What's new

Robert Crawford

Crawdaddy
Moderator
Patron
Senior HTF Member
Joined
Dec 9, 1998
Messages
62,134
Location
Michigan
Real Name
Robert
All I can say is what I see.

On my Sony 4K player and LG 4K OLED, the 4K appeared notably darker than the BD.

Did you compare the two? Maybe you'll think the BD looks too bright and the 4K "just right".

I found the BD more satisfying, but YMMV.
As I stated, I'm very happy with the 4K disc so why should I bother to watch the Blu-ray looking for issues. I can understand you as a reviewer doing so, but I'm a happy camper.
 

obscurelabel

Stunt Coordinator
Joined
Dec 11, 2003
Messages
152
Real Name
Larry
There is a scene near the end that looks quite a bit more "dupey" than the rest of the film, at least on the Collector's Edition DVD. I don't have the disc at hand to check and my memory isn't perfect, but I believe it's just before the school pageant, during the daytime, and Atticus and Scout are walking down the street. It's possible that this scene is a blowup, or of course the best available material was used if none better exists. If my description isn't too far off, can anyone comment on how the scene looks now?
 

Matt Hough

Reviewer
Senior HTF Member
Joined
Apr 24, 2006
Messages
25,247
Location
Charlotte, NC
Real Name
Matt Hough
I watched my old Blu-ray last night (which was part of the Gregory Peck Collection which I reviewed when it was released). I adore the film, but it looked just wonderful to me, and I'm satisfied with what I have.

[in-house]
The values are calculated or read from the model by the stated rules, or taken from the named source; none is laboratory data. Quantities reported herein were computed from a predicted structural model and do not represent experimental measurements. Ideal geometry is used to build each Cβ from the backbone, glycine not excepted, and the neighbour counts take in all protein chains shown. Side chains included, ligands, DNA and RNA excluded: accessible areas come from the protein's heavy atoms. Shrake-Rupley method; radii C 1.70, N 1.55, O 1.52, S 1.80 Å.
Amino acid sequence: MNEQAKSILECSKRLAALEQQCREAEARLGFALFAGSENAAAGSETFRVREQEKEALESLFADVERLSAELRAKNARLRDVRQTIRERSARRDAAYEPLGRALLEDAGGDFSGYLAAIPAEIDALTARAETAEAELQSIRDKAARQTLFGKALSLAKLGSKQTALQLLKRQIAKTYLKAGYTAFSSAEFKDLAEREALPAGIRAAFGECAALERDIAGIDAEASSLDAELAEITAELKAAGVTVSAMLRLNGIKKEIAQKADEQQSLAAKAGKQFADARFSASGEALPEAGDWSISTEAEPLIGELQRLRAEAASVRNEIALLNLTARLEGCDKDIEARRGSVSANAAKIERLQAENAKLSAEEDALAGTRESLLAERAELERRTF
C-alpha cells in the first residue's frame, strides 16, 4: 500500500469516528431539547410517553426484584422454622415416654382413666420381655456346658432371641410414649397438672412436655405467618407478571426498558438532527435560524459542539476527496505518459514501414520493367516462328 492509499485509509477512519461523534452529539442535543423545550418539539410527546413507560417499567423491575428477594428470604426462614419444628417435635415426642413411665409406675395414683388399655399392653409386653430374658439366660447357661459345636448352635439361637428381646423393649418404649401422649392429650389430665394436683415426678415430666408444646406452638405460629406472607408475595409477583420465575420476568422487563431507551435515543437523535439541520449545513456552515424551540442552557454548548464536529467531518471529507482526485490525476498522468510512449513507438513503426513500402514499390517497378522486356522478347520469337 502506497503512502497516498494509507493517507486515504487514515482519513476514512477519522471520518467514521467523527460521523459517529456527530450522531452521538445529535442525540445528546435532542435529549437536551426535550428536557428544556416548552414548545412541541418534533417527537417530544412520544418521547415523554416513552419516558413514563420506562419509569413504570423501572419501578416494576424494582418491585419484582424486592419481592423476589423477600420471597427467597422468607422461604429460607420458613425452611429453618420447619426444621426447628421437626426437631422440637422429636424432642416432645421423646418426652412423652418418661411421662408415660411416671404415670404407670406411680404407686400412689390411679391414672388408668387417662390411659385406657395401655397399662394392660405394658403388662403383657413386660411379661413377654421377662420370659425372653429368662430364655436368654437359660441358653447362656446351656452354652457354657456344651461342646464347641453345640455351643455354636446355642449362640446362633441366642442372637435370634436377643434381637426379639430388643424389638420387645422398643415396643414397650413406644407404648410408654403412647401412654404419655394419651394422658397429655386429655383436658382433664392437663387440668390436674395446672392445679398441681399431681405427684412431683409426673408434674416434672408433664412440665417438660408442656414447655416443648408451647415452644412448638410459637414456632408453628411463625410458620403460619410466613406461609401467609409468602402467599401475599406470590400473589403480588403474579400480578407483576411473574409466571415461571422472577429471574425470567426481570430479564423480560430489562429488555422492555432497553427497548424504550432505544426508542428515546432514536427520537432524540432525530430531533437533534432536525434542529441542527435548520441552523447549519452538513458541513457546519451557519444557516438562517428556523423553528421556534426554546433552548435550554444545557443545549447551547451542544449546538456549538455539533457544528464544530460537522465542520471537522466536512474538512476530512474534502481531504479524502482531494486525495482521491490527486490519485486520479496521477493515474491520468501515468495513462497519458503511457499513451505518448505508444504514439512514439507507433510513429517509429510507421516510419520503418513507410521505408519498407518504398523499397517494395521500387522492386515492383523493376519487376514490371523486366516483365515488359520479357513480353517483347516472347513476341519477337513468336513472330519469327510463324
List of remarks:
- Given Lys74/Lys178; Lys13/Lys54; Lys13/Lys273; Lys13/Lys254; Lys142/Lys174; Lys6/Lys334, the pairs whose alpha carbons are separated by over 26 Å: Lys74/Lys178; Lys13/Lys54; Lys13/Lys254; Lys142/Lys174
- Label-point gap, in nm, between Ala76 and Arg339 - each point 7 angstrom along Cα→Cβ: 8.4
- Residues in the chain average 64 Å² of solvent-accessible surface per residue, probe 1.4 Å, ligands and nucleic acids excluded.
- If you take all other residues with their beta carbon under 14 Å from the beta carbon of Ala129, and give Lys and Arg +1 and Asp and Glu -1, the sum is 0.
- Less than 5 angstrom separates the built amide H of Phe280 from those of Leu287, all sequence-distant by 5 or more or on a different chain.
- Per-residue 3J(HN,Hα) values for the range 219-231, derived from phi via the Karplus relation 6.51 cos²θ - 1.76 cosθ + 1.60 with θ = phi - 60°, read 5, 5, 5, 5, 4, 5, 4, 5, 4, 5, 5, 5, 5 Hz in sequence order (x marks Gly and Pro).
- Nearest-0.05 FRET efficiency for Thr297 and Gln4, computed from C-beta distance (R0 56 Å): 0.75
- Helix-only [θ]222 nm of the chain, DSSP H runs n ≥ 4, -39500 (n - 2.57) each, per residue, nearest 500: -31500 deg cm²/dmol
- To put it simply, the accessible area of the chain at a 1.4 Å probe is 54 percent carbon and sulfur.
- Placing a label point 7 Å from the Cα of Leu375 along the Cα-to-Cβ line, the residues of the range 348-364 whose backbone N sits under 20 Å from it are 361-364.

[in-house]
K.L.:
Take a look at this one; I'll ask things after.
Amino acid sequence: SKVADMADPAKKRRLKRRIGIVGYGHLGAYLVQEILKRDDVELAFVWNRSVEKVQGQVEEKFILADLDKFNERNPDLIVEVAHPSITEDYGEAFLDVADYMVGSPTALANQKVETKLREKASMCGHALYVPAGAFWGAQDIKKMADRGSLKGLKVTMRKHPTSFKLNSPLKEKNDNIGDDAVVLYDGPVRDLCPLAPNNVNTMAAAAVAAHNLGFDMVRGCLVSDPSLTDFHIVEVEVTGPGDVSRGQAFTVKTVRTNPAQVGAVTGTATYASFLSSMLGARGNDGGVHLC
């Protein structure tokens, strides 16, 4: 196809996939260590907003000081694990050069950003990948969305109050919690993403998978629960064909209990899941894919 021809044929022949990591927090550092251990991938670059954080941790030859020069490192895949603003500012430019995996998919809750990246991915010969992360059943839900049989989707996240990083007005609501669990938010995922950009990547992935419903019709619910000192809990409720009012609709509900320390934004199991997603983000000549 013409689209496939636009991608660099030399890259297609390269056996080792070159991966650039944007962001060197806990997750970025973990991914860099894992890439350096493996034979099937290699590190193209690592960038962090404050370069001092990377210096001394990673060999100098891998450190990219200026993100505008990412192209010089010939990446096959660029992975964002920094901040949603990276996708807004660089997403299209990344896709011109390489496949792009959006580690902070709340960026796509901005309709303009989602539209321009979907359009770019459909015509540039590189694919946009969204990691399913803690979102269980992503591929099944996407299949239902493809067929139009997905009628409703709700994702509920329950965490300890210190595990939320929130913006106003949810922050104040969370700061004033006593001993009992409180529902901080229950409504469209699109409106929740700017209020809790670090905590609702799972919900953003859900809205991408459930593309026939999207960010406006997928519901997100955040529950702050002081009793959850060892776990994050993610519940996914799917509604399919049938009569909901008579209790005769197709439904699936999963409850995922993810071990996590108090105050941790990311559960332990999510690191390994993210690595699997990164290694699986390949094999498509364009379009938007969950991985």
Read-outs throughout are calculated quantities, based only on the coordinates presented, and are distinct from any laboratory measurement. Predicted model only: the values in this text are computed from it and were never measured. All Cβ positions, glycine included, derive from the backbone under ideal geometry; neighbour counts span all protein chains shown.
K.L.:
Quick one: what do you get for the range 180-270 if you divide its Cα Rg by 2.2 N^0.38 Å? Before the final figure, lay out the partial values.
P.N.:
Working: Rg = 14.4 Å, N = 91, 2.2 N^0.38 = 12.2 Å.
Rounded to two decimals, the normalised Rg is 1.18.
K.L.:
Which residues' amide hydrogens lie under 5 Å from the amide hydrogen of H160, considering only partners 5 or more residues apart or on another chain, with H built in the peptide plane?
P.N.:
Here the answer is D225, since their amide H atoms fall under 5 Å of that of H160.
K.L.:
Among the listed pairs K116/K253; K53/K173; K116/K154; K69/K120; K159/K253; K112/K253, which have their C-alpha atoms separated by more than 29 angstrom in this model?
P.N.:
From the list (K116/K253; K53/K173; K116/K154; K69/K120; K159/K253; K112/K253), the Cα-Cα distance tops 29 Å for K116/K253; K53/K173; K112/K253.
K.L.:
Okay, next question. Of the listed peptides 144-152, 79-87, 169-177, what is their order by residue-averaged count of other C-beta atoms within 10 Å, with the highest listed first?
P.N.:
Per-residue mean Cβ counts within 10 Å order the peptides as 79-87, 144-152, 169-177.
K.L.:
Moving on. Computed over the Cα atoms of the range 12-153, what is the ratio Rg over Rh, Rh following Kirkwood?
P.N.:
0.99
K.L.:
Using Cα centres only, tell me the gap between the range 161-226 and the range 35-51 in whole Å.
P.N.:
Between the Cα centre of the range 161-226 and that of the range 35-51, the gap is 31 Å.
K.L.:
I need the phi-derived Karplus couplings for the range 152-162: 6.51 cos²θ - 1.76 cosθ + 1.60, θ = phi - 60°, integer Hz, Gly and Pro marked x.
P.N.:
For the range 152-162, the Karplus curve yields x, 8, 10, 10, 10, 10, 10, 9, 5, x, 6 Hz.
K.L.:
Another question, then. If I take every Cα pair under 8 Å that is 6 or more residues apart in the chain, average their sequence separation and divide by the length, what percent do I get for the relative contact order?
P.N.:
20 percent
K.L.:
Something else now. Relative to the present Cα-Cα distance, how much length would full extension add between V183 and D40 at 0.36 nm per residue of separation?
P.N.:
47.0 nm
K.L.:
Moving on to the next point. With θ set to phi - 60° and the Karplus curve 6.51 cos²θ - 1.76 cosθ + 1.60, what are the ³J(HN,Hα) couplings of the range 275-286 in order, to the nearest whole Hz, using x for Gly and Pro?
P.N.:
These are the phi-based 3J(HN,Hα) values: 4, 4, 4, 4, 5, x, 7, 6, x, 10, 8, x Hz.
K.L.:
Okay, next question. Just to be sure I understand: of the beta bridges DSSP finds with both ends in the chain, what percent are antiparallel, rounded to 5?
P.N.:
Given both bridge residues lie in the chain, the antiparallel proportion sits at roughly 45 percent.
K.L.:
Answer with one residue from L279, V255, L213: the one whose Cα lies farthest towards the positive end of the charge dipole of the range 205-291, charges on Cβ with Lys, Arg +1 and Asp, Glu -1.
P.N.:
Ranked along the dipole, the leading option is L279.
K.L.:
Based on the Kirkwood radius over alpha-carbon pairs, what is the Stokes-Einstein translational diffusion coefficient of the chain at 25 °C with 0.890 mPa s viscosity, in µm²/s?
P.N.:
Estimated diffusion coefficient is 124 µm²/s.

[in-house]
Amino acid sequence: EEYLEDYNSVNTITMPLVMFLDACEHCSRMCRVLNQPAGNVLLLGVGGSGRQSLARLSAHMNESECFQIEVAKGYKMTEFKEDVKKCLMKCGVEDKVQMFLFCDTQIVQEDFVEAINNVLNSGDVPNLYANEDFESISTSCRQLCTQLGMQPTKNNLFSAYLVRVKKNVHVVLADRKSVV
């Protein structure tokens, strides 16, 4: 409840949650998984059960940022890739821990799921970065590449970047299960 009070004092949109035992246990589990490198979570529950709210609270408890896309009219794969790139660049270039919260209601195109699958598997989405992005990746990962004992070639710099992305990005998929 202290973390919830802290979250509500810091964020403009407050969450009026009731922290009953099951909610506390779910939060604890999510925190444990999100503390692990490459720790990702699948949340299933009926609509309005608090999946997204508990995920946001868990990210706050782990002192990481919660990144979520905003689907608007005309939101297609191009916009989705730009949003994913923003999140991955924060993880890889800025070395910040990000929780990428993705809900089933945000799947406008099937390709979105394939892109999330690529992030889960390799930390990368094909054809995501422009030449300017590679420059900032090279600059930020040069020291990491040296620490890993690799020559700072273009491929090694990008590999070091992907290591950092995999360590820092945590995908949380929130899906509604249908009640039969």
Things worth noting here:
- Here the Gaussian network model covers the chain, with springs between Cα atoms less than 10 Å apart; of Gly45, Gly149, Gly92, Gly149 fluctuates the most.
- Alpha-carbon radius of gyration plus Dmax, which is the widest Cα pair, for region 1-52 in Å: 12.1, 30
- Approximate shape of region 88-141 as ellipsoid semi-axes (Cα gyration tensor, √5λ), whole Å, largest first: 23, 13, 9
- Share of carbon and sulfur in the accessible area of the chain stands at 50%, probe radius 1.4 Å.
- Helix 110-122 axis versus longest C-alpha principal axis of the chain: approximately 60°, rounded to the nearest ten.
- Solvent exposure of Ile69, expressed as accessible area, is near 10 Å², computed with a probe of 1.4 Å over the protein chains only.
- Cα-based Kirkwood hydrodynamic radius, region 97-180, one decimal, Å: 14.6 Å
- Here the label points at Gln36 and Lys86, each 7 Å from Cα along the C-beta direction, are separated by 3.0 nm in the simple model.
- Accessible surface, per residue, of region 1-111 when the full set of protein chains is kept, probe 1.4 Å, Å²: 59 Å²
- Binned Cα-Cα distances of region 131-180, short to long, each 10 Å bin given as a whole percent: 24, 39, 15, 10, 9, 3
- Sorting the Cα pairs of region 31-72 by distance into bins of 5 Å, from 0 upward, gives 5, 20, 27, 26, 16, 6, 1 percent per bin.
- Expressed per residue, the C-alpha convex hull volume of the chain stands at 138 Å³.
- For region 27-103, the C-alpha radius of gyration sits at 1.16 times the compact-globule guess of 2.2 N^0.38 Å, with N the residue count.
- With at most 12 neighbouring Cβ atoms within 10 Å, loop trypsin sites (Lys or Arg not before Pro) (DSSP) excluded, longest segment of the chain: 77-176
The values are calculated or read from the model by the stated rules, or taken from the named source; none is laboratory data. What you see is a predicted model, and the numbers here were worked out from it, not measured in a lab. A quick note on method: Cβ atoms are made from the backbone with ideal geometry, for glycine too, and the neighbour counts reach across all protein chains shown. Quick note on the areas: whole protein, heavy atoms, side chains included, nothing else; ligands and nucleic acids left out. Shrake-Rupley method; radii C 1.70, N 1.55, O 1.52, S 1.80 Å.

HarleyDog

Stunt Coordinator
Joined
Oct 13, 2011
Messages
69
Real Name
Dennis Haney
I will add my two cents. My partner came into the room when I was watching the 4k and commented how amazing the picture looked. To Kill a Mockingbird is one of his very favorite films, having watched the BD many times, and he usually doesn't notice such things. He was also blown away by how much improved Blow Out looked in 4k, noting how grungy the film used to look.
 

Jonathan Perregaux

Screenwriter
Joined
Oct 10, 1999
Messages
1,871
Real Name
Jonathan Perregaux
I started watching this last night. Beautiful film, beautiful 4K. Everything about this movie is pure magic.
The film was shot in an early process called black & white, which eliminated color.
I understand it was also captured on a substance called celluloid, which eliminates all the constituent atoms from a subject and its environment. This innovation produces a much lighter (and thinner) representation of, say, Gregory Peck, or the Universal Studios backlot in Hollywood, where it was shot.
 

Users who are viewing this thread

Forum Sponsors

Latest Articles

Forum statistics

Threads
353,234
Messages
5,012,263
Members
143,426
Latest member
lamywaby
Recent bookmarks
0
Top